You get to your desk, plug your laptop in that you took home the night before to catch up on the emails you’d missed throughout the previous day. Ding. Ding. Ding. As your laptop reloads the emails that have come in overnight the “ding” noise just reminds you that you’re right back where you left yesterday – needing to reply to more emails.
Your phone rings. It’s someone wanting to check that you received their email…. that they just sent (facepalm). Whilst you’re on the phone you get a text from someone else asking if you’ve got 5 minutes to catch up today – you know 5 mins is never 5 mins.
It’s only 8.15 am.
You start working through your emails and start responding to a few (which you also feel guilty about because you said you were going to focus on bigger ticket things this morning than just email backlog). Someone arrives at your desk with a question. Another person arrives for the day and is keen to talk about their weekend. By now its nearly 9 am and you have a meeting. Still with your half-written email responses sitting in draft.
Does this feel familiar to some of you? Yep, I bet it does. Your day, your time and your inbox are being ruled by other people’s agendas. Not your own. This was absolutely me, and still, I have days exactly like the above [Full disclosure – As I click publish on this blog post, I feel like I have just had a week of this feeling]. But, I have learnt some strategies to manage my days better and to make better use of my time so that I am achieving the things that I need to do as well as enabling others to do the same.
Feel like you’re a slave to your inbox, phone, or the endless meetings in your diary that mean you never really feel like you get anything done?
Try implementing some of them below and I guarantee you that if you stick to them you’ll notice a marked shift in the productivity of your day. You’ll also enjoy the self-empowering feeling like you are the one in control of your own day and your own time.
1) Turn off your email notifications – yep, you know exactly what I’m talking about! That little f*cker that appears at the bottom of your screen just to remind you that you have a truckload of emails waiting to be read. In addition to this, you might also have the “ding” that is like a little paper-cut to your soul every time it goes off interrupting what you were doing and just slowly chipping away at your concentration as you wonder what that “ding” might mean. So, you check it – of course. “It could be important” you convince yourself. It wasn’t important. So, then you go back to what you were doing previously. The ding” happens again. You stop what you were doing and check your inbox again. And the cycle continues. Moral of the story peeps – turn off the email notifications – they are draining your concentration and distracting you. Instead, try to just check your inbox a couple of times a day (I hope you didn’t just fall off your chair as you read that!) to maximise your time and productivity.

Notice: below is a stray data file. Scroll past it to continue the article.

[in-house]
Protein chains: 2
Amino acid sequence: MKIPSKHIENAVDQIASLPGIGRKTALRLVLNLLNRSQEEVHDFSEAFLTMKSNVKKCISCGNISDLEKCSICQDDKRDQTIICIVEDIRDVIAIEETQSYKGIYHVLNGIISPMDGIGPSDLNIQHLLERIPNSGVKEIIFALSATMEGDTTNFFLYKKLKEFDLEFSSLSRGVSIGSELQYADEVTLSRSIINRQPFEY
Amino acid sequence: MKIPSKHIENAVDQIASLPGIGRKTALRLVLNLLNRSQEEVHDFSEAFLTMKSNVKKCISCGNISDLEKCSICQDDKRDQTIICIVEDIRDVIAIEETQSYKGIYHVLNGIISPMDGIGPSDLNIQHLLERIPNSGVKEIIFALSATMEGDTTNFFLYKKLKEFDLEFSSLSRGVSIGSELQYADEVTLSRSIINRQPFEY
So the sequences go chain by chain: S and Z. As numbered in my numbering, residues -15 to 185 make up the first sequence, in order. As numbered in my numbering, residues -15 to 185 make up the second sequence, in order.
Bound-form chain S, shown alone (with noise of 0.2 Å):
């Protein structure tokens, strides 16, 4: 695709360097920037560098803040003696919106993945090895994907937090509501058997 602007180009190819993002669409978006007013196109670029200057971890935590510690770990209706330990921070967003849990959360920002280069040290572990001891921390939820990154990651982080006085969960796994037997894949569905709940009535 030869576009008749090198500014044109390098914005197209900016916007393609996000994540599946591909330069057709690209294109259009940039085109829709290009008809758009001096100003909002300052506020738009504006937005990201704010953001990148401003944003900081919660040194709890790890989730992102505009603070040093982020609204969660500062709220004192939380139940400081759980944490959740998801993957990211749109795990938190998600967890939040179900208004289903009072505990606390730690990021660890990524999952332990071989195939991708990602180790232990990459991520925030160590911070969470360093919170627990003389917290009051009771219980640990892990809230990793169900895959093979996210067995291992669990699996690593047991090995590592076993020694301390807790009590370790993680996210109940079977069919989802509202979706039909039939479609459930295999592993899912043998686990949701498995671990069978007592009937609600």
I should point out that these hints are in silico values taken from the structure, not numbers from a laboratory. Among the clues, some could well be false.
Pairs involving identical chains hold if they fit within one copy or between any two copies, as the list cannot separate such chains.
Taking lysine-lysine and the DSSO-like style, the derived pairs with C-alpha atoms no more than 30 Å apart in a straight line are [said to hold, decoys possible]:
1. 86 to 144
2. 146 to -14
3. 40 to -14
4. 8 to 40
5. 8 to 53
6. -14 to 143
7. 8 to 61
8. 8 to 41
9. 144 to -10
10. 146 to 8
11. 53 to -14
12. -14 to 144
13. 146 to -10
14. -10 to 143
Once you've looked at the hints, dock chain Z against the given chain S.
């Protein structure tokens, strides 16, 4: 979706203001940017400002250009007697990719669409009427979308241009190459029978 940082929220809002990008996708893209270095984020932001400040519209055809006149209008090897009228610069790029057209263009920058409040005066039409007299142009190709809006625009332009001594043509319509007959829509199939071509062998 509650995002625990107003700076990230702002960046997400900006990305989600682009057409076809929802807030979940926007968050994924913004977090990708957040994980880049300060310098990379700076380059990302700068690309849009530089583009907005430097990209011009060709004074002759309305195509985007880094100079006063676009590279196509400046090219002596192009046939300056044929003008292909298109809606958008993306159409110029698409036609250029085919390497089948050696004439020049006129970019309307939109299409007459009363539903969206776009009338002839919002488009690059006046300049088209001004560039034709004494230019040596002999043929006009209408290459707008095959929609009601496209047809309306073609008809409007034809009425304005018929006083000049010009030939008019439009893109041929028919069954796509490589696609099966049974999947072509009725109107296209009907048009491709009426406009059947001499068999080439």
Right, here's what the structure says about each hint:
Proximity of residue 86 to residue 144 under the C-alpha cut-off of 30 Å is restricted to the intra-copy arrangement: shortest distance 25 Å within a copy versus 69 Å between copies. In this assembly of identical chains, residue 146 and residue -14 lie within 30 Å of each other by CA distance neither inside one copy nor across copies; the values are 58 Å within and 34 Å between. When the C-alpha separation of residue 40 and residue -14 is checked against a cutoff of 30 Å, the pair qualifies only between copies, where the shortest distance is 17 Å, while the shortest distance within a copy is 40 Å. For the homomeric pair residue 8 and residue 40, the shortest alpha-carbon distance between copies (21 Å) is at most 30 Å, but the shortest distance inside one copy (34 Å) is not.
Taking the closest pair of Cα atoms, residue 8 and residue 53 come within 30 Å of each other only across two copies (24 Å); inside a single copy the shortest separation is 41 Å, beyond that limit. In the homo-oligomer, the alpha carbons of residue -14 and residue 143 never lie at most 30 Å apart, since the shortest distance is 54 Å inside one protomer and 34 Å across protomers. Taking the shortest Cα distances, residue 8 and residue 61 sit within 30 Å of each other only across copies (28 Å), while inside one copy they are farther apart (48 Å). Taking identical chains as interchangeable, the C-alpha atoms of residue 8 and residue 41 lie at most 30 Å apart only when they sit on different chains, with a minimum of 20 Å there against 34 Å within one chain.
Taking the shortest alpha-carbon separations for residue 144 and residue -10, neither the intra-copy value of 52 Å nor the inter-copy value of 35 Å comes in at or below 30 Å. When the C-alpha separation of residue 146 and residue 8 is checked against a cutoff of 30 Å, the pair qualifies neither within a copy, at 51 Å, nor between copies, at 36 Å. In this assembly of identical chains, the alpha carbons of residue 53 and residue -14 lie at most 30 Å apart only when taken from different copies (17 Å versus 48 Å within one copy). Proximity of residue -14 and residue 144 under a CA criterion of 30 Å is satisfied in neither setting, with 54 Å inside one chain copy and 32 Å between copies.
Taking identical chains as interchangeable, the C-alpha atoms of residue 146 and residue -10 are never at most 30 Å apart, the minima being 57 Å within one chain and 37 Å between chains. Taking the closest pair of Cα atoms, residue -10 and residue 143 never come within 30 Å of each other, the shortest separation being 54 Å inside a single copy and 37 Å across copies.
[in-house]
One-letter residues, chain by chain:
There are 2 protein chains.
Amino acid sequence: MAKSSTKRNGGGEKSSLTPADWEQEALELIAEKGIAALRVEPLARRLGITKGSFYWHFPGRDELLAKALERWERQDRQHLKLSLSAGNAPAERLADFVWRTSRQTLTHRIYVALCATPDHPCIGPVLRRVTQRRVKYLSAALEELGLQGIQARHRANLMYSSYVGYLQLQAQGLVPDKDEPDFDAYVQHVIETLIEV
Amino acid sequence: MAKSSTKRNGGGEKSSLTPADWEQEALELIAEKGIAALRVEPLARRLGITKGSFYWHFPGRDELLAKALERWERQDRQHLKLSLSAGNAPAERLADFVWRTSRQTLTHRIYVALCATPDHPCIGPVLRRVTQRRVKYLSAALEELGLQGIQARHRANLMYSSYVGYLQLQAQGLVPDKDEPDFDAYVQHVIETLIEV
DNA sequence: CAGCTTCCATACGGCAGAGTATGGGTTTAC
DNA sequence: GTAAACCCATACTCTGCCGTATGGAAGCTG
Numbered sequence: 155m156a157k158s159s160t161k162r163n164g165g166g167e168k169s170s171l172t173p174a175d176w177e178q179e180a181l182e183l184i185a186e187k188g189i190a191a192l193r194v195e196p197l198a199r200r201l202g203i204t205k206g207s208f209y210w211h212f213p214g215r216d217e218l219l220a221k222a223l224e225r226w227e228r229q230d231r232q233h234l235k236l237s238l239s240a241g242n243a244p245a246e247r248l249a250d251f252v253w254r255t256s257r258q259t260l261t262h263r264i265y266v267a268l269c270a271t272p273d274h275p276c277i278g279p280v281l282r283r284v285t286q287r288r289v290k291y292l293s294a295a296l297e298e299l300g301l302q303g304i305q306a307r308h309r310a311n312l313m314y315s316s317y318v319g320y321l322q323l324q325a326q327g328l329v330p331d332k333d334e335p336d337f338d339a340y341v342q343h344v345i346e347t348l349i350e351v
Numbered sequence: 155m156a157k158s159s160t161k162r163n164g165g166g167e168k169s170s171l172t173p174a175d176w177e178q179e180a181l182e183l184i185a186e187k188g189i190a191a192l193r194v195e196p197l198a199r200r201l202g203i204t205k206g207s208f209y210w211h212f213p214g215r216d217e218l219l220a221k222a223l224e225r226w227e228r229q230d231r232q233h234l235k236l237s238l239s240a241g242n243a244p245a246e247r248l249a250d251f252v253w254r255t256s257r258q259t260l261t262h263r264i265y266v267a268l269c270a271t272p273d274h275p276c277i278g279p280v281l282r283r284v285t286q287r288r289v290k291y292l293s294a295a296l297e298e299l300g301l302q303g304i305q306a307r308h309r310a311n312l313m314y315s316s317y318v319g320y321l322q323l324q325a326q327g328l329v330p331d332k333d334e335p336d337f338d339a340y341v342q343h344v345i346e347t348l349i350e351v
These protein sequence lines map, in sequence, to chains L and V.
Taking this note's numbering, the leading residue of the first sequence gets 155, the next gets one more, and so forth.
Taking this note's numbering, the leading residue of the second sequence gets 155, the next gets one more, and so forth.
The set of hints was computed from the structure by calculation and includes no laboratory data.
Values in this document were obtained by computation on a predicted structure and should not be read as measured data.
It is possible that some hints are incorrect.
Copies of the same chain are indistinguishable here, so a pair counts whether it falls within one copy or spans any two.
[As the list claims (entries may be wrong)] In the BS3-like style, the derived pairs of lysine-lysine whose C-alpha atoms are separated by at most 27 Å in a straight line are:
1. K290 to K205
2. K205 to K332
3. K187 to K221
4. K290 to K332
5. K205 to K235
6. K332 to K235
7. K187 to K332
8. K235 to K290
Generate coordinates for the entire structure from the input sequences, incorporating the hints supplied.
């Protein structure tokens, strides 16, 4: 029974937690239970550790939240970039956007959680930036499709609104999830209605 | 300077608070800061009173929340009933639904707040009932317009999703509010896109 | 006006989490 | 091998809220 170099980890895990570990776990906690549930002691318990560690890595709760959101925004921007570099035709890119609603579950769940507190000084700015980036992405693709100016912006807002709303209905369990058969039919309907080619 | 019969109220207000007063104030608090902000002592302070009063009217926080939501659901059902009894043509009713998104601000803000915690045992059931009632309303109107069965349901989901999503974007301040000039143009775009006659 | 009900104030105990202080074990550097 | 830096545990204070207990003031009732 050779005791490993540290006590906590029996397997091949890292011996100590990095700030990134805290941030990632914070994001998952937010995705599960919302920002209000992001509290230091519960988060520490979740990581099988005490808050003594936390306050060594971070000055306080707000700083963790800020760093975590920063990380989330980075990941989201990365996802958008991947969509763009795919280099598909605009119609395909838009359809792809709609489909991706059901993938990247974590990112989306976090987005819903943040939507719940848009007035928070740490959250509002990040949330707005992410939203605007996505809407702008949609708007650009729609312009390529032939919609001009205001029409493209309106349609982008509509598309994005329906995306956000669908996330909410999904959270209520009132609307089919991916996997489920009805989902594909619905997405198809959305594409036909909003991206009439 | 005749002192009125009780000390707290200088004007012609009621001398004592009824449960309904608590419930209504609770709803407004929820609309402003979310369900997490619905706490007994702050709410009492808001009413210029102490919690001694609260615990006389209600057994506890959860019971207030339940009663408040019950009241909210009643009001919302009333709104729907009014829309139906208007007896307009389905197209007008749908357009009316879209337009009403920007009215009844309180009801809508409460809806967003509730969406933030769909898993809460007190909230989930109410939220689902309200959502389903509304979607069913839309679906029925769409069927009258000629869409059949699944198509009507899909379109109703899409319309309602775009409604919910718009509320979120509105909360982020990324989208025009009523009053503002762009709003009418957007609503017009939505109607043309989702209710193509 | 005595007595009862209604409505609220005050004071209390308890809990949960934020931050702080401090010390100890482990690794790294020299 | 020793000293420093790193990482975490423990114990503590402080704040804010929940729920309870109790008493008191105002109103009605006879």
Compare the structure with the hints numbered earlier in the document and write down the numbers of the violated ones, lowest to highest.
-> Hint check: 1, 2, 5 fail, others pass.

2) Follow the 4 D’s of email to save yourself wasting your own time – This one is great and has absolutely changed my approach to emails. The 4 Ds of emails basically dictates that any email that enters your inbox, you should be able to decide the first time you read it what you are going to do with it. Why? To save it just sitting in your inbox waiting for the right time for you to do something about it. Does this sound familiar to you….. You read an email and decide you can’t do anything with it right now, so you mark it as unread again to remind yourself to come back to it. You then revisit it again, decide now is not the time either, so you re-highlight it again. How many times do you do this and how much time do you waste? Imagine if you had just read it once and then made a decision on what best to do?